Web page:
Another Post on Free (pirated) Downloads

Sunday, February 19, 2012

Okay, so here goes.

You can't download Arclight for free.

This isn't some plea against online piracy; it's a simple fact. You cannot download Arclight for free. You cannot download Arclight for profit. You cannot download Arclight for a bushel of bananas meant to pay-off the monkeys at my keyboard.

You can't download Arclight period.

Arclight is still in processing. It has no cover. It doesn't exist as an ARC (advanced reader copy) yet. It doesn't exist as an e-book. It doesn't exist as a PDF. It exists on my hard-drive, and that of my editor, and if you find a way to snatch it out of the aether in the space between either of those two locations, then the FTC would likely want some unhappy words with you for hacking. (I don't know if that's true or not, btw.)

My point is -- dear person who keeps Googling "Arclight book download free" -- it ain't gonna happen, okay?

Repeat after me:

You can't download Arclight.

You can't download Arclight.

You can't download Arclight.

And if you could, you certainly wouldn't find the means to do it on my blog. (Seriously, think about the absurdity of that assumption for a minute.)

The book isn't in its final form, which means it hasn't been copyedited or formatted or any of that other stuff that has to happen before "a book" is "A BOOK!!!"

(I should also add: No, I won't send you a copy in Word, even if you're really, really nice about how you ask. I'll err on the side of flattery for the request, but still -- no.)

I will, however, leave you with this. It's part of the poem Darkness, by Lord Byron (1816), and something I'd love to have at the front of Arclight when it's finished (which it's not...).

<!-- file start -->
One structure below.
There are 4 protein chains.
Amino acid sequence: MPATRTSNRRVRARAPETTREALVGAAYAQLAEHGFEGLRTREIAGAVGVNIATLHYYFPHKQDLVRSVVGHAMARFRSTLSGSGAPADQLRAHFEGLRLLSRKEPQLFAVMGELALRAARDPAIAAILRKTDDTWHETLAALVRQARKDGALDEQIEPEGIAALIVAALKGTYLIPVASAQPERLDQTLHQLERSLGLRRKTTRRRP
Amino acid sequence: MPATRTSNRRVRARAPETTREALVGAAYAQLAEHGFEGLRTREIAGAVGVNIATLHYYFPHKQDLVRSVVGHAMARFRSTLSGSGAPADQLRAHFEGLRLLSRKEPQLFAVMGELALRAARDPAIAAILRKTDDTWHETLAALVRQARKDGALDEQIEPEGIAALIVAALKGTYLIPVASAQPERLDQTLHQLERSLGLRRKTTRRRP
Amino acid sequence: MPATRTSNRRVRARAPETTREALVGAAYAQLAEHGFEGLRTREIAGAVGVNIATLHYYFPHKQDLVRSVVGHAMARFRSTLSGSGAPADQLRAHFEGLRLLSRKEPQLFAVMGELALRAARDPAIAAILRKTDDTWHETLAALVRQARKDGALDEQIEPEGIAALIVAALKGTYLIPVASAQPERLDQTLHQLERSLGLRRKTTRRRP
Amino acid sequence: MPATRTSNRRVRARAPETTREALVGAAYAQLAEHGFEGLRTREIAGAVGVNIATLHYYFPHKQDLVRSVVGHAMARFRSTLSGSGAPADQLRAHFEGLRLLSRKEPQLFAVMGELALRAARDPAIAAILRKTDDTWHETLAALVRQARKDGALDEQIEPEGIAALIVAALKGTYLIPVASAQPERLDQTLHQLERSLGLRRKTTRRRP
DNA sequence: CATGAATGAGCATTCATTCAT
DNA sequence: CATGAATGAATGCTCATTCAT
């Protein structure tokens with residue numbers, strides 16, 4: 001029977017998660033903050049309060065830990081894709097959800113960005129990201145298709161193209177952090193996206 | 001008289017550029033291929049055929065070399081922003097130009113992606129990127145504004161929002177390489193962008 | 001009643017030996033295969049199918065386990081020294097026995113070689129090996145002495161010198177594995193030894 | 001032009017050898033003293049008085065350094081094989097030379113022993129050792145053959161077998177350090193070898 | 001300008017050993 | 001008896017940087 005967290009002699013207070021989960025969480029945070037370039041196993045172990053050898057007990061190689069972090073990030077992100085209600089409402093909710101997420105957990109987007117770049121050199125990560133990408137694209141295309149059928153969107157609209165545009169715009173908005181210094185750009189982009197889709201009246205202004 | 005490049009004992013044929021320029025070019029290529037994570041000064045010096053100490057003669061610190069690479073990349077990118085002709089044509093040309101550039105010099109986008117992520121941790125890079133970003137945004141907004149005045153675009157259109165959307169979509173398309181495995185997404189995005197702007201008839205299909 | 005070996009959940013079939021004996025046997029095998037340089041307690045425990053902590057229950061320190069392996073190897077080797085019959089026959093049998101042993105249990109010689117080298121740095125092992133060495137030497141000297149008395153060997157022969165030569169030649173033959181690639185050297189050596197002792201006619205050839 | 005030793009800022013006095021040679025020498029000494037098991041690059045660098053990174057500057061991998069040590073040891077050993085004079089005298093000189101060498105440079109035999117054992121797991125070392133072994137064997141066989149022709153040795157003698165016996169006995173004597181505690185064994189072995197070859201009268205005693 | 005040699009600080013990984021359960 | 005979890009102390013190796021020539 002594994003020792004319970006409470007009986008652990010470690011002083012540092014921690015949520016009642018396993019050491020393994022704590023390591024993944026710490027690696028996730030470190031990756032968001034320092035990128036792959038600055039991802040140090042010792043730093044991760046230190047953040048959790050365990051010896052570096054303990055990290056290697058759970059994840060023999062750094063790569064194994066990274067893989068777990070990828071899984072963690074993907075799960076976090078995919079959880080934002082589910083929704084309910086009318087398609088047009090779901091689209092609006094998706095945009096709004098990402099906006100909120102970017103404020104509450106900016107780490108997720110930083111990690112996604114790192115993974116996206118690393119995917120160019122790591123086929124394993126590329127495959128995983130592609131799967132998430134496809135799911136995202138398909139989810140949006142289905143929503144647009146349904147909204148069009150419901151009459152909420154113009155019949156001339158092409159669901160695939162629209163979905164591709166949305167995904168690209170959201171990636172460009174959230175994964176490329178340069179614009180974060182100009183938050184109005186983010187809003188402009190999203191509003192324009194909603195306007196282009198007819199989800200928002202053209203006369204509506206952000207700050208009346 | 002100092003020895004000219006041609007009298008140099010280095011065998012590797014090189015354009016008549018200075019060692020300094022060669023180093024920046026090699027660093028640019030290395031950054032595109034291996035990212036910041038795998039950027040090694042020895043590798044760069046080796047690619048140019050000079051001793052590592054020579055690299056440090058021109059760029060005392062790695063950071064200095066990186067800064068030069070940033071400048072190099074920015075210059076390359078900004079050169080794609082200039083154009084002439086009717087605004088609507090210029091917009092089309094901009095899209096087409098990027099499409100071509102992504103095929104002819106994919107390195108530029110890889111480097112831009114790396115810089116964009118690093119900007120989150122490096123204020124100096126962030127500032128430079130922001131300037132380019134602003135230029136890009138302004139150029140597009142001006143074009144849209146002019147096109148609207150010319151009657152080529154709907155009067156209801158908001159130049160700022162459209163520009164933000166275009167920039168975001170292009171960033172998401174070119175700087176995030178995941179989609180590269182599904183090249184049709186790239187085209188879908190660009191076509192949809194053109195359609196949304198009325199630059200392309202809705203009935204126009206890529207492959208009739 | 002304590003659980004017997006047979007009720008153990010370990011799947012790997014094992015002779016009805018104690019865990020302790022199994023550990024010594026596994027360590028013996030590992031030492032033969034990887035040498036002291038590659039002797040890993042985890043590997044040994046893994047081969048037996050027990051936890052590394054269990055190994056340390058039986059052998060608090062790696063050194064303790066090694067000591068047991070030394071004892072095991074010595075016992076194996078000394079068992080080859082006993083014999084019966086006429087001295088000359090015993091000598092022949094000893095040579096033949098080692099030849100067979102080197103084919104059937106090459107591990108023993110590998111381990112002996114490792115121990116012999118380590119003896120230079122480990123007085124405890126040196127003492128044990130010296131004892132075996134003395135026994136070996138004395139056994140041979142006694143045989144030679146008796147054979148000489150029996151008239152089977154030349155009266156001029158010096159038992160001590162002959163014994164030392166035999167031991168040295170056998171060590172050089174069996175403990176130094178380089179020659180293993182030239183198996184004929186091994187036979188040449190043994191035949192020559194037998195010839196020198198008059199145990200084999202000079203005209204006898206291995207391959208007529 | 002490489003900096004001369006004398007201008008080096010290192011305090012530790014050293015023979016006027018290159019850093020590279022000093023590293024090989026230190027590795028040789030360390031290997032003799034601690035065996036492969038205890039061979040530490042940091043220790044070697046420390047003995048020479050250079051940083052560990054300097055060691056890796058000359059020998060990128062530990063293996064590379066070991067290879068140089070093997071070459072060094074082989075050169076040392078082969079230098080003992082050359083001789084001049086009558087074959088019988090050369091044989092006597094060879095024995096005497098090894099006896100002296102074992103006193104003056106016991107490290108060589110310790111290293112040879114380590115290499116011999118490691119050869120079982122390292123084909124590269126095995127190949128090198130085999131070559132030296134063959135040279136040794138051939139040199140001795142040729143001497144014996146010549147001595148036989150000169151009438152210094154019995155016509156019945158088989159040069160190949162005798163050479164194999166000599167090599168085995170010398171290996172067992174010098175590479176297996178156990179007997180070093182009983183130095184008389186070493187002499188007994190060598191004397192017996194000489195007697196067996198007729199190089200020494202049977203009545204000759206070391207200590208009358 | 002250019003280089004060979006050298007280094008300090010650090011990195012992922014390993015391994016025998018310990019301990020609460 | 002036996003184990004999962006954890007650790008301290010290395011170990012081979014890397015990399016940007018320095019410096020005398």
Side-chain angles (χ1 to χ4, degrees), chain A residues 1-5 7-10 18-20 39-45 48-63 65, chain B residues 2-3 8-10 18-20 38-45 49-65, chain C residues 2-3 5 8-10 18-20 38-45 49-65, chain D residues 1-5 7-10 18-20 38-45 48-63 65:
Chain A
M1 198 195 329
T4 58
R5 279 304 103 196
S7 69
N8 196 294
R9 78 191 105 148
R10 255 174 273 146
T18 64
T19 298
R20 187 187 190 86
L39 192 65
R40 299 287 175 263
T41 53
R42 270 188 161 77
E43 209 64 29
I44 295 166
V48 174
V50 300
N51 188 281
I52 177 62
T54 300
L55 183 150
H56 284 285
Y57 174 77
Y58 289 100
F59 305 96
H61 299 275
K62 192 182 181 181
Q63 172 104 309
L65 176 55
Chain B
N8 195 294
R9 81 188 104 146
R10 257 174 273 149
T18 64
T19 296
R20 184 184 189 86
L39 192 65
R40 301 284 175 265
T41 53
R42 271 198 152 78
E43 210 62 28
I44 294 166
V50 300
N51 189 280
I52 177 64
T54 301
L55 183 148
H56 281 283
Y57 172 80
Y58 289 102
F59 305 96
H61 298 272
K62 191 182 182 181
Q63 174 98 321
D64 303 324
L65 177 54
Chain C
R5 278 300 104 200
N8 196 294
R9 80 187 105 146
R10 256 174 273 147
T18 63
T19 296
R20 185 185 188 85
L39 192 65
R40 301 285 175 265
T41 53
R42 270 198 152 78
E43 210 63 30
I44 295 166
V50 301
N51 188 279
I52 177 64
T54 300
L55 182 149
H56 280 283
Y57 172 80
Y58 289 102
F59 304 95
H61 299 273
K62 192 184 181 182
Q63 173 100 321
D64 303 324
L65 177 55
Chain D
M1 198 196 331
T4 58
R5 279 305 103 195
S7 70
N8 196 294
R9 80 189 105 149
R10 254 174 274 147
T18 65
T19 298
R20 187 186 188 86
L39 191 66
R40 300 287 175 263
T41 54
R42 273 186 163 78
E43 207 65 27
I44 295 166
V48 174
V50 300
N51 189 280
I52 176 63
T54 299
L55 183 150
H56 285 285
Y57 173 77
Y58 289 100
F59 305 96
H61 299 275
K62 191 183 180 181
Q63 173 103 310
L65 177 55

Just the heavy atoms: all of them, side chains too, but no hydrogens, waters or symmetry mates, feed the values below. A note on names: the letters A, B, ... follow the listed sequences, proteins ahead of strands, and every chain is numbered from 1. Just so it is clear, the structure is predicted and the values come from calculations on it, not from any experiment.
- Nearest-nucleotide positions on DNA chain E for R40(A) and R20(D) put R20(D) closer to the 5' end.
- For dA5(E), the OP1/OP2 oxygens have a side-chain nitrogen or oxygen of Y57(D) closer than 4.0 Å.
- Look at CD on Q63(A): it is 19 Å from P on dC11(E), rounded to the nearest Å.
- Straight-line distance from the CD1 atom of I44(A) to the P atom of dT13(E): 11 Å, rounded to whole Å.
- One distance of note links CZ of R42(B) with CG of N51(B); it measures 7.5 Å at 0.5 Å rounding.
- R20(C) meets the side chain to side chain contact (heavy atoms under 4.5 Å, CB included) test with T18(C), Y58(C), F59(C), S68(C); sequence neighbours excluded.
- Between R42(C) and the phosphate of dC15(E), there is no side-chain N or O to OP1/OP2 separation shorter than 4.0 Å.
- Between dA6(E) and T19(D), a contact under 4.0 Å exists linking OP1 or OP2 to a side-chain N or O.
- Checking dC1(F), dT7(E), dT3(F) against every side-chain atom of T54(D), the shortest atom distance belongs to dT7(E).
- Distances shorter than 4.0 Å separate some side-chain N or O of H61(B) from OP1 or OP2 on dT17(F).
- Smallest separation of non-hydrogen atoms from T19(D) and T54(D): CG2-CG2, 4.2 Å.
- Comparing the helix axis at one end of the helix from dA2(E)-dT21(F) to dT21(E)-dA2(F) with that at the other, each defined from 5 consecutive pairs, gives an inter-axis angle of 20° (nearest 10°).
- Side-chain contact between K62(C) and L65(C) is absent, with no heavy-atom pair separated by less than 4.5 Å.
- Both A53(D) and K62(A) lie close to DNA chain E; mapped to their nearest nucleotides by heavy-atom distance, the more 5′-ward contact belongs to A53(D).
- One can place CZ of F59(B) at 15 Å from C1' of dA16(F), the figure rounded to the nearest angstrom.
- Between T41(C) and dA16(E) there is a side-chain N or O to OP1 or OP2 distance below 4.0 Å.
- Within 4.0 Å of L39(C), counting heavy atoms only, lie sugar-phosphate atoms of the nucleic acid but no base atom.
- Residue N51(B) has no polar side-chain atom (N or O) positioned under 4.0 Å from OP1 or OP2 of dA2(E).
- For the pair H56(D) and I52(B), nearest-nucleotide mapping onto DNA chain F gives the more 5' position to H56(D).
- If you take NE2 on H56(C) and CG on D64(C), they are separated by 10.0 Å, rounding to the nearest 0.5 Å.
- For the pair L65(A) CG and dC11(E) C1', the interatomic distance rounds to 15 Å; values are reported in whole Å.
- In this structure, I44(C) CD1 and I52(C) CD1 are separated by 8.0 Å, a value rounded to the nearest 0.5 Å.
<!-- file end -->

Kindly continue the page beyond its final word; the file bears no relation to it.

Morn came and went--and came, and brought no day,
And men forgot their passions in the dread
Of this their desolation; and all hearts
Were chill'd into a selfish prayer for light:

And they did live by watchfires--and the thrones,
The palaces of crowned kings--the huts,
The habitations of all things which dwell,
Were burnt for beacons; cities were consumed,

And men were gathered round their blazing homes
To look once more into each other's face;
Happy were those who dwelt within the eye
Of the volcanos, and their mountain-torch:

A fearful hope was all the world contain'd;
Forests were set on fire--but hour by hour
They fell and faded--and the crackling trunks
Extinguish'd with a crash--and all was black.

5 Chiming In:

Nikki said...

Sigh. Okay, Josin. You totally caught me. I'll stop. I just really, really, really wanted to read your book. From now on, I'll stick to pirating with my eye patch and peg leg. Arghhhhh. Or begging our agent to "accidentally" share that file with me. Oh, Suzie...?

Pirates suck. But I love that poem! So cool.

Josin L. McQuein said...

*makes note to send Suzie dummy Arclight for purposes of sending to sneaky agent-sisters*


Bonnie @ A Backwards Story said... did I NOT know you'd found a publisher? Ack, exciting!!!!!!!!!!!!!! *hugs and congratulations*

Michael Seese said...

Oi! The nerve of some people! On the other hand, I suppose it is flattering...

Anonymous said...

LOL, some people are crazy. I guess we can consider it flattery...

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